1982
Kennecott closed its Hayden smelter.

1983
Asarco modernized its own Hayden smelter, and began processing ore from Kennecott's Ray mine.

June 1, 1986
Copper Basin Railway took over the combined operation of the Ray Mine to Ray Junction, on Kennecott tracks, over the SP between Ray Junction and Hayden Junction, and over Kennecott tracks between Hayden Junction and the smelter and mill at Hayden. Operations started at 12:01 am on June 1, 1986. Pending the arrival of their own locomotives, Copper Basin operations began using locomotives leased from Kennecott and Southern Pacific (three Kennecott GP39s, and six SP GP35s).

(Read more about the Copper Basin Railway; below)

September 11, 1986
The Standard Oil Company announced that "it had agreed to sell two major units of its copper mining subsidiary, the Kennecott Corporation, for about $220 million. The Cleveland-based energy company said it had agreed to sell its two-thirds interest in the Chino Mines Company in New Mexico to the Phelps Dodge Corporation. It also said that it would sell its Ray Mines division in Arizona to Asarco Inc., the New York mining company. The remaining third of the Chino Mines is owned by the Mitsubishi Corporation. The two units represent about half of Kennecott's annual production capability. The sale of the two operations leaves the mining unit with its copper division in Bingham Canyon, Utah. The Utah mines have been closed since March 1985 and are undergoing a $400 million, three-year modernization program. Standard Oil said the sale was part of a reorganization in which it planned to divest itself of certain operations that it considered inconsistent with its long-term strategy. 'After completing a study of all our operations, we decided to focus on our strengths, and that is primarily in petroleum,' John F. Andes, a Standard Oil spokesman, said." (New York Times, September 12, 1986, "yesterday")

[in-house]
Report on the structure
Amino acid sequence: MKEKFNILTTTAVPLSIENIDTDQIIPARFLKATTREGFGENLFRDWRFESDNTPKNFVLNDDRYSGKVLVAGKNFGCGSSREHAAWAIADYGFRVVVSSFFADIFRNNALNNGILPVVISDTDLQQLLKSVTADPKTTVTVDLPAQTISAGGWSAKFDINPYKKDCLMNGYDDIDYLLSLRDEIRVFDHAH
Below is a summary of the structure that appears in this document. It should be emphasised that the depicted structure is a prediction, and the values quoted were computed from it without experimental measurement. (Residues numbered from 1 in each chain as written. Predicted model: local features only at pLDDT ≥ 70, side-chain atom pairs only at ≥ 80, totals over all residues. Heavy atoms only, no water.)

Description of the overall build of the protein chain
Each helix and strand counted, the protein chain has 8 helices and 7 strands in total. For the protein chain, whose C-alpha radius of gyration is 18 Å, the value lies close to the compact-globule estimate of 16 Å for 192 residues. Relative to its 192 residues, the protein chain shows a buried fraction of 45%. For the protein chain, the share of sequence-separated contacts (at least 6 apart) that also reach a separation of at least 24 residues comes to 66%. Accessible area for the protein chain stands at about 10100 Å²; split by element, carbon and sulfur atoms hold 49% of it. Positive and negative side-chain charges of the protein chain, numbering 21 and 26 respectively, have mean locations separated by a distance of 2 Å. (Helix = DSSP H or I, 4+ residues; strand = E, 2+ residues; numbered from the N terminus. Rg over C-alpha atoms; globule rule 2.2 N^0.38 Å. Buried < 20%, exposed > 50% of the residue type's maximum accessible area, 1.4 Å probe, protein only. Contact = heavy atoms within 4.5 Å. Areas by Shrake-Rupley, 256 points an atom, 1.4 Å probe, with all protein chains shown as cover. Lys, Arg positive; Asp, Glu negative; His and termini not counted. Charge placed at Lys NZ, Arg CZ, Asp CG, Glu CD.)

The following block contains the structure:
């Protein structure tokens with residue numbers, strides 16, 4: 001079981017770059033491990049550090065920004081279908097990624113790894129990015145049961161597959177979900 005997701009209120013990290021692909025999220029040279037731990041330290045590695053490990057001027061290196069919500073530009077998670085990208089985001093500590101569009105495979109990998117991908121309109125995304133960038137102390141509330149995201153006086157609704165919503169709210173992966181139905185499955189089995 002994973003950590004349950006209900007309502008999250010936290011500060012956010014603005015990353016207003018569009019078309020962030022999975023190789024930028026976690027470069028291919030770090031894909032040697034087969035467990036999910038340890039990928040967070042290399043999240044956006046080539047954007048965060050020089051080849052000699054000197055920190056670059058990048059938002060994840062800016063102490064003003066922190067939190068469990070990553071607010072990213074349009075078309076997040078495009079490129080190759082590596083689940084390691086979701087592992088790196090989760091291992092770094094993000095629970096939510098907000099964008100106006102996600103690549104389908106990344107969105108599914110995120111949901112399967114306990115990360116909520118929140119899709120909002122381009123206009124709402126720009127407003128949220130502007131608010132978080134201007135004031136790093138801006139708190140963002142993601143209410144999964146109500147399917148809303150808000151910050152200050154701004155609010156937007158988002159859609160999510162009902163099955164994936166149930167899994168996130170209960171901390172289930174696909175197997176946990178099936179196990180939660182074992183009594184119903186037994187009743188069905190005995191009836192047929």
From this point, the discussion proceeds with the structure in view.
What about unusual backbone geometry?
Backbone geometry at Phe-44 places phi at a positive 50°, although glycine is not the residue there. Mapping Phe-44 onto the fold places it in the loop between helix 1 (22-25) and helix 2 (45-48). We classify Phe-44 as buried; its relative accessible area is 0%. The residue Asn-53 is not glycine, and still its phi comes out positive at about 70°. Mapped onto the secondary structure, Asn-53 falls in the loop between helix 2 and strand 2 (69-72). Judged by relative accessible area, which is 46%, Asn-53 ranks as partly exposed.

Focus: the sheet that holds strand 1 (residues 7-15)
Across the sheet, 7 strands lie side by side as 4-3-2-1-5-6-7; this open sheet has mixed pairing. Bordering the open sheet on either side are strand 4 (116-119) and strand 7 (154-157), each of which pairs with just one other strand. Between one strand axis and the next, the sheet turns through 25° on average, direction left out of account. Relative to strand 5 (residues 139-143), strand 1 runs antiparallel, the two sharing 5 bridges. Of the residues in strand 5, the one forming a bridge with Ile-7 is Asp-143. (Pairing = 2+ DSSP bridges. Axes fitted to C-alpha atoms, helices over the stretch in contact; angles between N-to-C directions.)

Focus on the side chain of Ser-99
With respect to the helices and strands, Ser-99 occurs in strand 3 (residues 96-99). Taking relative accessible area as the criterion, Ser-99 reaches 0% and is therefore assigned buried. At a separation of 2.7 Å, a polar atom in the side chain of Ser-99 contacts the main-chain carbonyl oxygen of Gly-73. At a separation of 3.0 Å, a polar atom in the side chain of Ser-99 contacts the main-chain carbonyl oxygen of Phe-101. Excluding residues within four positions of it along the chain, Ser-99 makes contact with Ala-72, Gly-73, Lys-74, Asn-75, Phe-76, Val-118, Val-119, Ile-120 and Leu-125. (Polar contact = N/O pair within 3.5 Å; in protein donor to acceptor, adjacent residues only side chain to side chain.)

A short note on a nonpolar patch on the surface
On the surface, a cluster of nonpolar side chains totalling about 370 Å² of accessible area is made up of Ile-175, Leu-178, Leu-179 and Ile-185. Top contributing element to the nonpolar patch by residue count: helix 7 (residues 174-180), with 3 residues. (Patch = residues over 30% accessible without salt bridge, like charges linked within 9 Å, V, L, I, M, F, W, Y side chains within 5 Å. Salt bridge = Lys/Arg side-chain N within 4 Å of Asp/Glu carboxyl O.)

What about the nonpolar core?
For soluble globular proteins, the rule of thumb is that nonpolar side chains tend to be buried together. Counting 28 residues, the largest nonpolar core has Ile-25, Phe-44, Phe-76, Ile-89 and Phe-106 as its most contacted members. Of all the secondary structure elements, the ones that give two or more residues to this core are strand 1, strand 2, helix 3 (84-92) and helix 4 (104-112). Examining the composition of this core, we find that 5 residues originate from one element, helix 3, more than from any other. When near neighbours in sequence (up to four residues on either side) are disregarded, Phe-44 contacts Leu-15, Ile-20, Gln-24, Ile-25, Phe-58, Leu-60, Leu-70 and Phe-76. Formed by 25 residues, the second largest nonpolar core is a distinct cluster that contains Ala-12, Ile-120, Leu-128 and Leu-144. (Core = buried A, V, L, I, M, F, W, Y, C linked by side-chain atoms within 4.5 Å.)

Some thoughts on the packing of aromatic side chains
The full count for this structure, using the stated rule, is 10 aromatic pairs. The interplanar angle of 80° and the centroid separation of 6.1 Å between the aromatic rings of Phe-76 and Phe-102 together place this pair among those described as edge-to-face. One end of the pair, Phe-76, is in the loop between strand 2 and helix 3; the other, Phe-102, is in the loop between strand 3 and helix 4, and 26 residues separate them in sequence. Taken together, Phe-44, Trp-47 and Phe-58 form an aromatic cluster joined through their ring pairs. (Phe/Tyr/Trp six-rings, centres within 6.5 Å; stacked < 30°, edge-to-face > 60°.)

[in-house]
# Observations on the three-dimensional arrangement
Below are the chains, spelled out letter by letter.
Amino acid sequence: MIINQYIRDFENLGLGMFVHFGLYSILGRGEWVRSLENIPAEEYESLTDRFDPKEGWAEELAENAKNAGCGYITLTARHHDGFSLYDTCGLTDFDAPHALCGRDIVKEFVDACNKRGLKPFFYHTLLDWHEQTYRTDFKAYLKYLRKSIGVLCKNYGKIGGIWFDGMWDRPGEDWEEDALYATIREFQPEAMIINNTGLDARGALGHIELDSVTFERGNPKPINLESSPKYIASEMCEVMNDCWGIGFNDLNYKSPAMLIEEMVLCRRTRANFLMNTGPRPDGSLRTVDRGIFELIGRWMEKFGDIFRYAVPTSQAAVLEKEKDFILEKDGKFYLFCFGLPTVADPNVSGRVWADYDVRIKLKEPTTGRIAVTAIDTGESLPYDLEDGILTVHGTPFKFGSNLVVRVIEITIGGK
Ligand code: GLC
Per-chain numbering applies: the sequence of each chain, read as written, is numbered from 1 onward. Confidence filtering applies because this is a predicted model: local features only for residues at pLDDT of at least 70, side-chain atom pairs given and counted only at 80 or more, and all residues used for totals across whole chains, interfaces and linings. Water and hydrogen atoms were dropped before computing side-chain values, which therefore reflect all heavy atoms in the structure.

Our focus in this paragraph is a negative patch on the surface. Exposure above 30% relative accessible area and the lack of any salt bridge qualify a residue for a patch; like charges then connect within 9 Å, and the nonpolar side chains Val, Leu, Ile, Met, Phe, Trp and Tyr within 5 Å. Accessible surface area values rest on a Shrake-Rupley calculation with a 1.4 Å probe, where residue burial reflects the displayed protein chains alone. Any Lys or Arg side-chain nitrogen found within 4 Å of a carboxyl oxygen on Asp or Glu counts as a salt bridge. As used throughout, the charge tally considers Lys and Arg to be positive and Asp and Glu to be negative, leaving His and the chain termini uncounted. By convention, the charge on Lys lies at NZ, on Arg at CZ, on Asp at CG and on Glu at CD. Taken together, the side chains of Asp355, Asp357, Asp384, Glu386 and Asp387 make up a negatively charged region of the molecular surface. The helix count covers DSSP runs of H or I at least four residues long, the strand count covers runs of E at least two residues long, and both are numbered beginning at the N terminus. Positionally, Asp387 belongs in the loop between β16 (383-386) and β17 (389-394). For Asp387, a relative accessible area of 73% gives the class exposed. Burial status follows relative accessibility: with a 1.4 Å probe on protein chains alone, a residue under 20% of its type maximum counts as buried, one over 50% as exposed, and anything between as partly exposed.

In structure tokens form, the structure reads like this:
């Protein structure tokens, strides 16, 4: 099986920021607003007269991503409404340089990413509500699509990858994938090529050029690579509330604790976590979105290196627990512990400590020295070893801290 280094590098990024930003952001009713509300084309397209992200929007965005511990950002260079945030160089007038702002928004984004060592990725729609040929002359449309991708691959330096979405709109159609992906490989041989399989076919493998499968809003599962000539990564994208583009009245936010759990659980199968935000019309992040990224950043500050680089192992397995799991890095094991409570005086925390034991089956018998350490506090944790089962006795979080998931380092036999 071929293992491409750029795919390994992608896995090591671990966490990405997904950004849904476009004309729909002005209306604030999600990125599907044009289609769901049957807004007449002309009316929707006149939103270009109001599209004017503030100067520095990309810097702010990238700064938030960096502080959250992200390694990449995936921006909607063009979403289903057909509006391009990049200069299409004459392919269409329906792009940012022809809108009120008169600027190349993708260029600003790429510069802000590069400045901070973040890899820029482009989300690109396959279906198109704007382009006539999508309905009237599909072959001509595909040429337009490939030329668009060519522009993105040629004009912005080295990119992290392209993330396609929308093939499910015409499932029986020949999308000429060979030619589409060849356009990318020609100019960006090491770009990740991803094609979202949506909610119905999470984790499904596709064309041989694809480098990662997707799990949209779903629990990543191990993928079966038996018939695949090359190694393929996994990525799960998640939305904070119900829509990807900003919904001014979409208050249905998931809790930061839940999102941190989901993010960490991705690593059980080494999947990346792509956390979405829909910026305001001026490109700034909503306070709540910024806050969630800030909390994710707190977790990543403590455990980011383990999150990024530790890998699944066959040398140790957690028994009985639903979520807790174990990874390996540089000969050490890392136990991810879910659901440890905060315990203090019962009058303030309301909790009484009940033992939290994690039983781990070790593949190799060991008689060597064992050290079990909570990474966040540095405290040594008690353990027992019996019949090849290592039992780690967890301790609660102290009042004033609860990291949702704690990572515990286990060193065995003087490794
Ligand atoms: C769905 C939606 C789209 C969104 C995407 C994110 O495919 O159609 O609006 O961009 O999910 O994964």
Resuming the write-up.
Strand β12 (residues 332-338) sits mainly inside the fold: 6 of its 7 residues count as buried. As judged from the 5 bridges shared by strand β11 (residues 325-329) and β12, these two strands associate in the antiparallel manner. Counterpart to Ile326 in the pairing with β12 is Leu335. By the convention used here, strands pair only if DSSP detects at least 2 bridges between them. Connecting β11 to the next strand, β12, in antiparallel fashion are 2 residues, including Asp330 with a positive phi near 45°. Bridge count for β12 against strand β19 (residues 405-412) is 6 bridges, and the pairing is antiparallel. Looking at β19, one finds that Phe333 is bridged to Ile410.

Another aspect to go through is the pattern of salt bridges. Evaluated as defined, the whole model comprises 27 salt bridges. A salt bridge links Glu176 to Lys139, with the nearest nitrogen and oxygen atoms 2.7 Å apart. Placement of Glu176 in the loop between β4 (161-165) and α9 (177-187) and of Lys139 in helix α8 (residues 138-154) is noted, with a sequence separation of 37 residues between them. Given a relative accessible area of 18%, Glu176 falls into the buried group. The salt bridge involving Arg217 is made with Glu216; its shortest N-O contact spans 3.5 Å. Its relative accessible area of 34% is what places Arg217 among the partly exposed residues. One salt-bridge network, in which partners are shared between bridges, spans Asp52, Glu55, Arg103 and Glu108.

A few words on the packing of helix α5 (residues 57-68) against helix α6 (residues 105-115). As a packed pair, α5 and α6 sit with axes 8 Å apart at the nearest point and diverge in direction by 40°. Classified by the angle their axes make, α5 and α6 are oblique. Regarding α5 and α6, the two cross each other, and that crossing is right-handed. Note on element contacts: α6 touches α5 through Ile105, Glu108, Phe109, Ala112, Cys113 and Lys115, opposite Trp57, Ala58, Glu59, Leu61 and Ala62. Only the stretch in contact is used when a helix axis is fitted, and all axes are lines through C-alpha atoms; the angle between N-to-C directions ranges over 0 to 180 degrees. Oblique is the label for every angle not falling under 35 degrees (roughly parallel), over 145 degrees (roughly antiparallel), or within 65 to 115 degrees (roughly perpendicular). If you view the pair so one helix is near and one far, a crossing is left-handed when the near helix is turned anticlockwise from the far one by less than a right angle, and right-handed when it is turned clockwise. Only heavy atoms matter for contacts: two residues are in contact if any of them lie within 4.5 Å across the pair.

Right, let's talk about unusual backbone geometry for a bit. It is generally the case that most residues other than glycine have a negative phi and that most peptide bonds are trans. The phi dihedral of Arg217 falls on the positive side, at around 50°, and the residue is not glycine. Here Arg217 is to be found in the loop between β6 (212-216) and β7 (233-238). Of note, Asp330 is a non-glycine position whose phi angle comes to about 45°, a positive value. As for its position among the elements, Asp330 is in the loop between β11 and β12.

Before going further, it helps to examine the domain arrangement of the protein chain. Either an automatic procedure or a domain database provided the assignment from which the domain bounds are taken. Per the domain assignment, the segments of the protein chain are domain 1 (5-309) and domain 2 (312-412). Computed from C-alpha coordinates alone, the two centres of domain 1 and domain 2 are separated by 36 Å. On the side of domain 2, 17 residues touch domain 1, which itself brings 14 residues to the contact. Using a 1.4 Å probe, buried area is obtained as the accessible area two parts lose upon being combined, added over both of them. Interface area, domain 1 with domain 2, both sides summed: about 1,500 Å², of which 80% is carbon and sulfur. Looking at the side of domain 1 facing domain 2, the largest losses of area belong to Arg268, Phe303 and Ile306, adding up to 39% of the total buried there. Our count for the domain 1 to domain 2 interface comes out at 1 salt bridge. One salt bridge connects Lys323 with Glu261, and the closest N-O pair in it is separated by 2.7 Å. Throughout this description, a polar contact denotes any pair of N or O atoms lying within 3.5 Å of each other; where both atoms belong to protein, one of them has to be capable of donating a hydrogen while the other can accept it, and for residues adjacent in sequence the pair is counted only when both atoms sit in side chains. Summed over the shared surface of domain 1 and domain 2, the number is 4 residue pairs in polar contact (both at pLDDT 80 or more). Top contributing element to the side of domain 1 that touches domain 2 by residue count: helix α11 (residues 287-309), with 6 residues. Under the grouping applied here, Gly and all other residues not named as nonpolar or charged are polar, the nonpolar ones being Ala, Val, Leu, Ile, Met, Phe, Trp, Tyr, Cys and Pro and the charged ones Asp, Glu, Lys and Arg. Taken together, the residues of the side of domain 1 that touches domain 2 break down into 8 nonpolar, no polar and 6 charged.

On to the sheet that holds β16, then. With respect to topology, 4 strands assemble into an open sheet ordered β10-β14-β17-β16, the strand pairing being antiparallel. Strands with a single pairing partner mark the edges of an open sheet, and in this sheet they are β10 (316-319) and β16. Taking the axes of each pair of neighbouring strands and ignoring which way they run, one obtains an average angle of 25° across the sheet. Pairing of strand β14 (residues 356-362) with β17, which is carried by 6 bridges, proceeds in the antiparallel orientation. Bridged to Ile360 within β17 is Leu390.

Copper Basin Railway (CBRY) took over the operation of the Kennecott railroad at the same time. The three Kennecott GP39 locomotives were sold to Copper Basin Railway, and today [2012] continue to operate along the route as CBRY 401, 402 and 403.

1999
Grupo Mexico acquired Asarco. At the time, Grupo Mexico, S.A. de C.V. was Mexico's largest mining company and the world's third largest producer of copper, fourth largest of silver, and fifth largest of zinc.

Grupo Mexico began as a group of Asarco and Anaconda operations in Mexico. In 1965, the Asarco Mexico operations were consolidated under the name Asarco Mexicana, S.A., with Asarco owning 49 per cent, and a group of Mexican investors owning the remaining 51 per cent. Asarco Mexicana, S.A., became Industrial Minera Mexico, S.A. in 1974, when another 15 percent was sold to Mexican investors, reducing Asarco's stake to 34 percent. In 1975, American Smelting & Refining Company formally changed its name to Asarco, Inc. In 1994 Grupo Mexico, S.A. de C.V. was established as a holding company with the objective of replacing Industrial Minera Mexico and consolidating all of the company's subsidiaries. Grupo Mexico purchased Asarco's remaining interest in 1997. Grupo Mexico brought its relationship with Asarco full circle in 1999, when it bought Asarco for $1.18 billion in cash and the assumption of $1.02 billion in debt. The purchase of Asarco made Grupo Mexico the world's third largest copper producer. (Read more about Grupo Mexico at FundingUniverse.com)

2004